For nurses, it's a job almost as unpleasant as changing bedpans: moving heavy patients from stretchers to beds and back again. With the average U.S. nurse now in her mid-40s and hospitalized Americans growing more supersized each year, patient-schlepping is putting more nurses in danger of being hospitalized themselves.
Charlie seaman used to drink Coca-Cola. Then the laid-off Atlanta tech worker heard the company was "offshoring" jobs overseas. Determined to stop patronizing companies that he believed discarded U.S. workers, Seaman began researching and eventually launched a Web site, onshorealternatives.com, that lists which companies offshore and which don't.
Last fall Trent Woslum, a National Guardsman who was deployed in Iraq, got an e-mail from his wife. She'd been contacted by a new TV show called "Extreme Makeover: Home Edition," which wanted to do a big renovation of their southern California home--free of charge.
It's 4 p.m. on a Tuesday at the Cheesecake Factory in Boston, and the restaurant's atmosphere is calm. After all, just a third of the 352 seats are full. The kitchen staff moves languidly, like a basketball team shooting its first layups. "Look at all these empty tables," says manager John Gordon. "In about a half hour they won't be." Gordon's venue is one of 75 in the Cheesecake empire; last year this location alone grossed $12.8 million--more than three times the sales of the average Outback...
When Larry and Jean Weed of Sparks, Nev., decided to sell their home, they invited some real-estate agents by for a visit. Most offered to sell the house the old-fashioned way, by listing it in the local brokers' database and charging a 6 percent commission (worth $16,800 on the Weeds' $280,000 home).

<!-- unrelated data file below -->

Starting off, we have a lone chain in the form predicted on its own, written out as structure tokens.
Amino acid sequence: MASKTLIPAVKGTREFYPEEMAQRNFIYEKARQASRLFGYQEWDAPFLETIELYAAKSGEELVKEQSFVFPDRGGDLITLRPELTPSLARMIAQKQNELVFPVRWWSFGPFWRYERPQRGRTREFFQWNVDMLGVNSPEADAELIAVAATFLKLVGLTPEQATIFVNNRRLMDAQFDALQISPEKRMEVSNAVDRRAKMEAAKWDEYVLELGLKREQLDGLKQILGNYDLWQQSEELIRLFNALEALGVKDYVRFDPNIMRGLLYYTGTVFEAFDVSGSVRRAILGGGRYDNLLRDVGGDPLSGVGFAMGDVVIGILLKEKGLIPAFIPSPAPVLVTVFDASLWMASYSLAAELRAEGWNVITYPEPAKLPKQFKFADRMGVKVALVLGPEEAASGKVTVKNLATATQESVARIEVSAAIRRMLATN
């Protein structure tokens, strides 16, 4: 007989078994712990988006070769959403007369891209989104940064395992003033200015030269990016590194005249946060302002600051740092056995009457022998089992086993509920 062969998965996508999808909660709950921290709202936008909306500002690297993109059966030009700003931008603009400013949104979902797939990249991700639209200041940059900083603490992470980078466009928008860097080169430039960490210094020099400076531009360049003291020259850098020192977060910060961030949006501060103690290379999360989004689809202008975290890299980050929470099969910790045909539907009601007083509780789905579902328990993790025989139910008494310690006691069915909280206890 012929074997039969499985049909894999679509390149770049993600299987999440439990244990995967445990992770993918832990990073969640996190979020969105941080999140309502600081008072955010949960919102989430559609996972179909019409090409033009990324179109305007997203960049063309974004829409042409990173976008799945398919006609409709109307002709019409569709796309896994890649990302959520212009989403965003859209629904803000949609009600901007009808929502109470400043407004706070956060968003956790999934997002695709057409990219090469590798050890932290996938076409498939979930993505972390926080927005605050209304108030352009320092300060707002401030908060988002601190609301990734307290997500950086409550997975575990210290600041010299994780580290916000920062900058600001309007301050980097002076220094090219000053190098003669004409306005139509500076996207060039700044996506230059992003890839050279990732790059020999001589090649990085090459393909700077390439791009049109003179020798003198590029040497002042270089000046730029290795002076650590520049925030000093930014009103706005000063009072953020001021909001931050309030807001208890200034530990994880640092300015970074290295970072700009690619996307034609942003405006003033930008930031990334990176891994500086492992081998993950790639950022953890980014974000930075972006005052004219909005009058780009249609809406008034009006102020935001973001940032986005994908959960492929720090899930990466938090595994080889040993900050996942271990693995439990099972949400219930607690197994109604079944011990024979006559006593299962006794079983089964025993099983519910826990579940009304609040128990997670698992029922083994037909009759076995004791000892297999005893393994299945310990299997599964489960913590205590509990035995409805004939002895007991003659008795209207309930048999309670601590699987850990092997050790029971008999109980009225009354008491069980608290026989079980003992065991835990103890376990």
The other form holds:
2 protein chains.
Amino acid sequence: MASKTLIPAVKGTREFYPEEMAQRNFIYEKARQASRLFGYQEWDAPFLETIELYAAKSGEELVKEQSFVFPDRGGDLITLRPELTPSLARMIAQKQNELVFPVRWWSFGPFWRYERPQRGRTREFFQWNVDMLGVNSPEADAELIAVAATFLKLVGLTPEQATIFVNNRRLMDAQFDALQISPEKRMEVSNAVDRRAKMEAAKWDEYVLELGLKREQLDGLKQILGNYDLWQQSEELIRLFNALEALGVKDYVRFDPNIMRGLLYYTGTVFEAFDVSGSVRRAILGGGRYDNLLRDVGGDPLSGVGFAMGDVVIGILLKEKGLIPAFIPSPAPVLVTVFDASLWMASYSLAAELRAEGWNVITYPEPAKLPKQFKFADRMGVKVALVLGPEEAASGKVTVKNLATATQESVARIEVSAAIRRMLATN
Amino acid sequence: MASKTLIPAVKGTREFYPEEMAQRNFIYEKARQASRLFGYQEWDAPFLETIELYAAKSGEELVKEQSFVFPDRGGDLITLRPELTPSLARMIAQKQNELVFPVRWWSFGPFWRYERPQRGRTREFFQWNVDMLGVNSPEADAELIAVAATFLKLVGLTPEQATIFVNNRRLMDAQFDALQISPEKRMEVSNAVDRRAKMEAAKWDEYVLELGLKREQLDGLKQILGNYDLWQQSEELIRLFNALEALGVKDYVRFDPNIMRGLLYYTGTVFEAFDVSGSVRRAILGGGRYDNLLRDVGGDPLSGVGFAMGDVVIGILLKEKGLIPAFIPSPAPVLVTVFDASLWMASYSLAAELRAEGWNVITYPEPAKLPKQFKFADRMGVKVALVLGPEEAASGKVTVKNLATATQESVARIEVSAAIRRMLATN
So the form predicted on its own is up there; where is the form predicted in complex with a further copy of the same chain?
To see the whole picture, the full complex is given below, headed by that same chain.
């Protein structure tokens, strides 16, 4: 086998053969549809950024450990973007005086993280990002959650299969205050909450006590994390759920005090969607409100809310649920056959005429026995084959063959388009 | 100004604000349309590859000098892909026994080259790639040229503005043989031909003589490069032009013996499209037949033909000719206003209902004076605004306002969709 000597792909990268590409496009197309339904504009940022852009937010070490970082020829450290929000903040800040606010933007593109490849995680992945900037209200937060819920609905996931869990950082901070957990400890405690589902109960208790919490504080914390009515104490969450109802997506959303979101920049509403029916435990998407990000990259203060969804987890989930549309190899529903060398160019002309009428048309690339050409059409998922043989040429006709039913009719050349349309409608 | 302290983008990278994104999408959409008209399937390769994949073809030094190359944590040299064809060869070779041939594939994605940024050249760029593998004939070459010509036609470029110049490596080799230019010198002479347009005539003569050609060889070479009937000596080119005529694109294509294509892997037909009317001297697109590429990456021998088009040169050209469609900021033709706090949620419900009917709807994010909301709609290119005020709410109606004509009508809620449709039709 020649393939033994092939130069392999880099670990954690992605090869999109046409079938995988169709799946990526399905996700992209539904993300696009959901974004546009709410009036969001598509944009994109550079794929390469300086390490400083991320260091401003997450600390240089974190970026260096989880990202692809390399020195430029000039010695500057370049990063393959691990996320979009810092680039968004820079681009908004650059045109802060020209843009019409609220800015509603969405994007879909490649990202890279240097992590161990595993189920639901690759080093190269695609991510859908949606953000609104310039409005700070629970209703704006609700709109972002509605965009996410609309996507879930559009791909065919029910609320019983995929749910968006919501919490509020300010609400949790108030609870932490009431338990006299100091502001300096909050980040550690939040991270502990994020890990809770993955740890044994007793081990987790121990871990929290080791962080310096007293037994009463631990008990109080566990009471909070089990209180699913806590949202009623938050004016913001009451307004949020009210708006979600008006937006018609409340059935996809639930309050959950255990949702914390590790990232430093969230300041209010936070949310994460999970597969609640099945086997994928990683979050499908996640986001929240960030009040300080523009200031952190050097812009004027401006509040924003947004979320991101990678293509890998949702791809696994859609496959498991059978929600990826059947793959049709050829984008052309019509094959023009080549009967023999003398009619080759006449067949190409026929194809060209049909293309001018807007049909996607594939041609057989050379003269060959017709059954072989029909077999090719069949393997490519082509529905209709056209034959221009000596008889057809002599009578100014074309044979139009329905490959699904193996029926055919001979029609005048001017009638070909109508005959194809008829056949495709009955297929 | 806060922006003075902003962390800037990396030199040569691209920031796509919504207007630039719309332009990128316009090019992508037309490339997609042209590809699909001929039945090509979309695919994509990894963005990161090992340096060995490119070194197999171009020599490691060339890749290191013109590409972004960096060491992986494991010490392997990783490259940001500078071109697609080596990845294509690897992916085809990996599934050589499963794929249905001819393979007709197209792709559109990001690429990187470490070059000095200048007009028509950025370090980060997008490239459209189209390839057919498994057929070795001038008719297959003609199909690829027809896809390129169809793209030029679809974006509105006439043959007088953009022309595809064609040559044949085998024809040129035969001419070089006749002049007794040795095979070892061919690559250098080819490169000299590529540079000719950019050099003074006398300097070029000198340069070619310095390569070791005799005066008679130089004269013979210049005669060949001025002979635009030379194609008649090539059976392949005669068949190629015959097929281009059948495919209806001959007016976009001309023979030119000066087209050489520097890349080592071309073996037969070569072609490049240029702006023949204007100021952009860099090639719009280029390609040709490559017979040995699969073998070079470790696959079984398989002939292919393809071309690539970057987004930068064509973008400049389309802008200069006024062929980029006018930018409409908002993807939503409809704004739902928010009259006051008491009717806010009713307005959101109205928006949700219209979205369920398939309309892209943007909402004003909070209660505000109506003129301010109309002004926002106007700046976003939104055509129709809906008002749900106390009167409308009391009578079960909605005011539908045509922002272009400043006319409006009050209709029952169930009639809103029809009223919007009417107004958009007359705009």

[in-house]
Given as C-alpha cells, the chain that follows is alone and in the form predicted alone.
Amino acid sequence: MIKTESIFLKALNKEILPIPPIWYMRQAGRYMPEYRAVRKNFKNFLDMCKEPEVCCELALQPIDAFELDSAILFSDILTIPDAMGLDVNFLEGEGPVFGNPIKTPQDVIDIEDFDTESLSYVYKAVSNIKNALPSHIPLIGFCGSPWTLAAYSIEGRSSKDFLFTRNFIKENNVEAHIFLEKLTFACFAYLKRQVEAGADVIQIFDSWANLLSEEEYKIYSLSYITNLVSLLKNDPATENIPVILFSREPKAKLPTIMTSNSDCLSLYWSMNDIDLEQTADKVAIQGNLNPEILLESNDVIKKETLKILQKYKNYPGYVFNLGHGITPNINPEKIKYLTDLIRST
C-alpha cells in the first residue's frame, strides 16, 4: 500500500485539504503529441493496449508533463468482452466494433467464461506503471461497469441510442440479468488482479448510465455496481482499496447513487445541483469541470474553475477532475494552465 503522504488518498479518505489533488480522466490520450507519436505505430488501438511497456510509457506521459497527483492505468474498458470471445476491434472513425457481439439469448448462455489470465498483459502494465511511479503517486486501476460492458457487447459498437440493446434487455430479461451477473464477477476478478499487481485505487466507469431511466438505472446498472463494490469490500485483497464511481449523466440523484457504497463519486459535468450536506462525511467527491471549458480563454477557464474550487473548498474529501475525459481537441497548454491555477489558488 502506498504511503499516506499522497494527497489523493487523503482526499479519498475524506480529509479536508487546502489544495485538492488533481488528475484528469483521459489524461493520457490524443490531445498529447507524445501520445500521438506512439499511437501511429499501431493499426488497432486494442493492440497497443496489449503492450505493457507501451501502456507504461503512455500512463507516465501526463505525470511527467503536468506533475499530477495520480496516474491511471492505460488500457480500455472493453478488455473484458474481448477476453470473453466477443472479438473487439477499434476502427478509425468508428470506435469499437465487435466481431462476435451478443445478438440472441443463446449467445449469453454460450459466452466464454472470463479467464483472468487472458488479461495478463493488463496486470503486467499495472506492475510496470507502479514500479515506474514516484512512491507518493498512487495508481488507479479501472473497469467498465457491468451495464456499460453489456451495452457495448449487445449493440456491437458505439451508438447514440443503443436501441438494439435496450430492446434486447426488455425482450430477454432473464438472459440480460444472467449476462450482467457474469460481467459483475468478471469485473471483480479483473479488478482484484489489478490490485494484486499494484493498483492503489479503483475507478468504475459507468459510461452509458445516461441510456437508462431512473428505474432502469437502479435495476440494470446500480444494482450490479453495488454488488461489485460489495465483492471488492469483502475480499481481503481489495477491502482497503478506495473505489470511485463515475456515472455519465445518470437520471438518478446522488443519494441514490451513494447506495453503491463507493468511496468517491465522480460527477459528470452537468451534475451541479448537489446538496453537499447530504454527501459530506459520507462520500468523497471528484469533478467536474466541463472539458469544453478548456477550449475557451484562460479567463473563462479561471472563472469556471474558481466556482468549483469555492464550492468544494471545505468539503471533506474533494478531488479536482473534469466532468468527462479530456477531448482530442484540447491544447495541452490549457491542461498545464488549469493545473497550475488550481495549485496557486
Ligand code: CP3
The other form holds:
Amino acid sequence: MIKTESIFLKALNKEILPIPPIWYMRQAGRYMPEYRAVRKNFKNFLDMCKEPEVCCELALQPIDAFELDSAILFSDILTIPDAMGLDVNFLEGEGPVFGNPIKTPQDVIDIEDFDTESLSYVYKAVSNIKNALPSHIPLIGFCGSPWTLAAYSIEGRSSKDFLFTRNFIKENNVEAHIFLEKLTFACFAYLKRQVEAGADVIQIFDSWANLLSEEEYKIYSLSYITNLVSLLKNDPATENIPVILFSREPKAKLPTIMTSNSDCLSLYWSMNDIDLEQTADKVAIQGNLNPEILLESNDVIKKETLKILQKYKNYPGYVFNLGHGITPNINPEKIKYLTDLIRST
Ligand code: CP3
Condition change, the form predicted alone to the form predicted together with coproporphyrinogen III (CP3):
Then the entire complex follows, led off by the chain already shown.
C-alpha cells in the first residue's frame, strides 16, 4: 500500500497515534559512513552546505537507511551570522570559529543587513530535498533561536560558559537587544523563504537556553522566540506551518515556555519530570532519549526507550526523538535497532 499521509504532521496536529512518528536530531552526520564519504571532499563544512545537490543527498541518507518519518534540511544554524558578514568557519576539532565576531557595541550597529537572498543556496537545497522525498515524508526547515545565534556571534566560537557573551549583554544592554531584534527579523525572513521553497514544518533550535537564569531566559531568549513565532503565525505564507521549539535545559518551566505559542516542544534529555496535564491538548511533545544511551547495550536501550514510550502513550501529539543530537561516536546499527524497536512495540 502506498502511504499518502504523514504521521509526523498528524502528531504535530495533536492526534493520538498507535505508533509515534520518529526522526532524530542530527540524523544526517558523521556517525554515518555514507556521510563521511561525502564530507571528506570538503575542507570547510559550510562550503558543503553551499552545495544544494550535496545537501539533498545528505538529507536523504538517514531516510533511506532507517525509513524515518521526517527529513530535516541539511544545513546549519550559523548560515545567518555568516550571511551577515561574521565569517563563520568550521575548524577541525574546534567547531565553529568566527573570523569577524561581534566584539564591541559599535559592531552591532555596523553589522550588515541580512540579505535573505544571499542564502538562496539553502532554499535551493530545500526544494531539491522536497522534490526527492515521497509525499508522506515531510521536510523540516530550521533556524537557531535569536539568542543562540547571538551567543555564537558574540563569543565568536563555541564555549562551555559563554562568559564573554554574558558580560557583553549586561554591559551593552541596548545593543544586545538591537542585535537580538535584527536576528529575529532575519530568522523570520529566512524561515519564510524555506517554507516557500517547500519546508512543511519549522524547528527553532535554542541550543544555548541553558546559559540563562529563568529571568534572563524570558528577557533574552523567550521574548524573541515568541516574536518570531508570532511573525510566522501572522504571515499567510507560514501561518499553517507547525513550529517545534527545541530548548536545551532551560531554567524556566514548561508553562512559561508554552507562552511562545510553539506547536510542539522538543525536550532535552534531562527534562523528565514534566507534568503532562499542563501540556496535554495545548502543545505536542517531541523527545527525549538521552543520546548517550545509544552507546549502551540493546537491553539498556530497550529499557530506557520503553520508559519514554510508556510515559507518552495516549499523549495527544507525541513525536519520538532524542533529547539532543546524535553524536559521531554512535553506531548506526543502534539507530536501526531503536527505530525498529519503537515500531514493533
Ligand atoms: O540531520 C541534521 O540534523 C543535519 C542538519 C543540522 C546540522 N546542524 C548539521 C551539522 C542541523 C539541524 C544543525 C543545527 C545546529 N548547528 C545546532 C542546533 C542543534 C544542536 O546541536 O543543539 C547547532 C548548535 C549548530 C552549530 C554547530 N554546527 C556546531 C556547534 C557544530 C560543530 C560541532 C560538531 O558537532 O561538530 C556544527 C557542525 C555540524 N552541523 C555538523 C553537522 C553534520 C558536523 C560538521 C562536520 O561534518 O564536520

During his drive to clinch the Democratic nod, John Kerry has had his biography dissected. But one chapter remains largely unexamined. From 1979 to '82, Kerry was a Boston lawyer who developed a unique specialty: filing lawsuits against doctors who performed faulty hair implants on bald men.
It's a set of questions that would make any cubicle dweller a bit nervous. "Exactly how do you do your job? Would you mind writing it down?" When Hank Williamson, a tech administrator at a Virginia bank, heard those questions recently, he took them as a sign his job may soon be going on an exotic trip.
When James Reilly visited his grandfather's TV-free home in Ireland as a boy, every evening Granddad would ad-lib a two-hour story--always ending with a cliffhanger. "All the next day you'd be talking about it; you couldn't wait to sit in the chair and see how it ended," the grandson recalls.
Like a patient who's been transferred out of ICU, the U.S. economy appears to be on the mend. From GDP to employment, the vital signs are improving. But Robert Rubin told NEWSWEEK's Daniel McGinn there's still cause for concern--and that the economy could remain a key issue in the presidential election.